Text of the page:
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On the dig site near Fort Ouiatenon
A team of Purdue students works to tell more of the story of life along the Wabash River, before, during and after Fort Ouiatenon. Plus, Rolls-Royce gets a tax abatement, not before taking some shots
A couple of notes to get started …
First, thanks to Wabash Riverfest for sponsoring today’s edition. This community festival celebrating the Wabash River would not be possible without amazing community volunteers. Those that volunteer for four hours or more get their choice of a cool, river-friendly prize. There are a variety of activities to help with, from try-a-canoe to the bike rodeo to breaking down the festival. To learn more and sign up to volunteer, click on the link below and scroll through today’s edition.
Second, please welcome the latest addition to the Based in Lafayette reporting crew. Carol Bangert, a former J&C editor and these days editor of Greater Lafayette Magazine, takes lead on today’s edition on archaeology work going on at the Ouiatenon Preserve near Fort Ouiatenon, ahead of a series of TCHA show-and-tell events for the public this week. (Yes, we’re related. And, yes, her check’s in the mail. She knows where to find me if that’s a lie.)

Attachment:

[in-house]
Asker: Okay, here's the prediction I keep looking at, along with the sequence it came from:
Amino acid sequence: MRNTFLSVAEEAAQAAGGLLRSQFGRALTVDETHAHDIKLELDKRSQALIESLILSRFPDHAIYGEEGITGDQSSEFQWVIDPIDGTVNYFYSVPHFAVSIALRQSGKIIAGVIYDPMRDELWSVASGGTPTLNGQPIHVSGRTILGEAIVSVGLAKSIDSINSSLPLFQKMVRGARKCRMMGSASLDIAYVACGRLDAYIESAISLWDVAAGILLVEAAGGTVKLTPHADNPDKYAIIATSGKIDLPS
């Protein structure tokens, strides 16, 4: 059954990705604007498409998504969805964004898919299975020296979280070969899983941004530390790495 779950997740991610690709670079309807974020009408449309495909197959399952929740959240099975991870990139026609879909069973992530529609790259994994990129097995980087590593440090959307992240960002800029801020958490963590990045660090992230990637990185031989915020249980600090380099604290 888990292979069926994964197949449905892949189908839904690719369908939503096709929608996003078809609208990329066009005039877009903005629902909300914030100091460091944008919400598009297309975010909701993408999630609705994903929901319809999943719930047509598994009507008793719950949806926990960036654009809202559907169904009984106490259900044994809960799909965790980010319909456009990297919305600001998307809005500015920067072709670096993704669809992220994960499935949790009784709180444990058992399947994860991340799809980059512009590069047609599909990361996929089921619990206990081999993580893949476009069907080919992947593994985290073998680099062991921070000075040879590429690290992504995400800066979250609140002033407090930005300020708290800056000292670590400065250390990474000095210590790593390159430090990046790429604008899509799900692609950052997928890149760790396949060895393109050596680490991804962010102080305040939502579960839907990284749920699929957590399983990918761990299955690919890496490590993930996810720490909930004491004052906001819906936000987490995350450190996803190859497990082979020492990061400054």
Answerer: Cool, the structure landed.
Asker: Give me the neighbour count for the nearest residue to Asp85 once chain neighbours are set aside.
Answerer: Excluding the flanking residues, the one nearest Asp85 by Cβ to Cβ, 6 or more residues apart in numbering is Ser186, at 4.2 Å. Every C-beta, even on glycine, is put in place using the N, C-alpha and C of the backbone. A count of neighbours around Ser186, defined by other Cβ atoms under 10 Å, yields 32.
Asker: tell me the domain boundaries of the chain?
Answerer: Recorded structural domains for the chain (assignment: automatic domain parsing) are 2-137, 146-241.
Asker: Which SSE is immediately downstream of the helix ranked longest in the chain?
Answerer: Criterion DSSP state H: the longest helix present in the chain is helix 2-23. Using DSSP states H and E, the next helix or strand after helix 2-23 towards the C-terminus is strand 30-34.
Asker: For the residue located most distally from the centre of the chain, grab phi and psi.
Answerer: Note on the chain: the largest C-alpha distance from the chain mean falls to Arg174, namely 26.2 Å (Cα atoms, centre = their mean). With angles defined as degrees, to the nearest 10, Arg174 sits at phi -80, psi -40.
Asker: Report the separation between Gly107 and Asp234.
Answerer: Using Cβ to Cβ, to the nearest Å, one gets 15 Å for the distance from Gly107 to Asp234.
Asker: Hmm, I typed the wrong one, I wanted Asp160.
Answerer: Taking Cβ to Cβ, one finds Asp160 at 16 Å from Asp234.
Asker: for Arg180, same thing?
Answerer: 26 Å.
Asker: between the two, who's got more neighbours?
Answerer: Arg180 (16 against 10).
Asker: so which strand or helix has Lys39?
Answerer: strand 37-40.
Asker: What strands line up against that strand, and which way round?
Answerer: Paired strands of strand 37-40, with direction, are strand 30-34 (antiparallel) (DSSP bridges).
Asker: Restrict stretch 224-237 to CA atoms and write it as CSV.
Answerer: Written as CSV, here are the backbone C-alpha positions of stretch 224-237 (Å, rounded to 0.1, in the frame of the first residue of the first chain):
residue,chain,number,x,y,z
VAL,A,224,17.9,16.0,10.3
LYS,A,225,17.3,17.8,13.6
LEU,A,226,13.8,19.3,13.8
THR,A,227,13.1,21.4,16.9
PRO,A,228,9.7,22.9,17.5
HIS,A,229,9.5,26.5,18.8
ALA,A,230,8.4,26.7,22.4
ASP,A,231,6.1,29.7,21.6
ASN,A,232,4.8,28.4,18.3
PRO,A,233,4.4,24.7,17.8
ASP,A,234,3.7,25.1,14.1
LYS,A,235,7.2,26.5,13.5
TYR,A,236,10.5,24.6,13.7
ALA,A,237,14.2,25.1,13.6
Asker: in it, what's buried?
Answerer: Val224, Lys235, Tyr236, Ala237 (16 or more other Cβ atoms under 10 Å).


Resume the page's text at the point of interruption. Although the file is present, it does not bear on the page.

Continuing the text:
Here goes …
ON ARCHAEOLOGICAL SITE AT OUIATENON PRESERVE
By Carol Bangert / For Based in Lafayette
More than two centuries after its occupation, Fort Ouiatenon and the land surrounding it along the Wabash River continue to tell a story through the artifacts left behind and remind us that human activity was going on long before and after the fort was in use.
The fort’s block house structure is well known locally as the site of the annual Feast of the Hunters’ Moon, a fall recreation of 18th century life along the Wabash, but the original fort is located west of the park in the Ouiatenon Preserve, which covers nearly 200 acres.
In May and early June, 14 students gathered at the Ouiatenon Preserve as part of Field Methods in Archaeology, a Purdue University Maymester course. The hands-on course was co-directed by H. Kory Cooper, department of anthropology at Purdue, and Michael Strezewski of the University of Southern Indiana. The goal of this field school, Cooper said, was to examine areas outside the perimeter of the fort structure, which was the focus of work done in the 1960s and 1970s.
“The history of Fort Ouiatenon is also the history of the Native people such as the Miami, Kickapoo and Mascouten who lived near the fort,” Cooper said. “By focusing outside of the fort we are able to provide more information about the lives of Native people during the French occupation but also before and possibly after.”
In the past, Cooper’s students have worked with the Ouiatenon collections from the 1970s, which are maintained by the Tippecanoe County Historical Association. Cooper said TCHA expressed interest in more research at the site and in the Ouiatenon Preserve, which is co-managed by the Roy Whistler Foundation, TCHA and the Archaeological Conservancy. He saw an opportunity to provide a convenient field school in archaeological methods that is close to Purdue.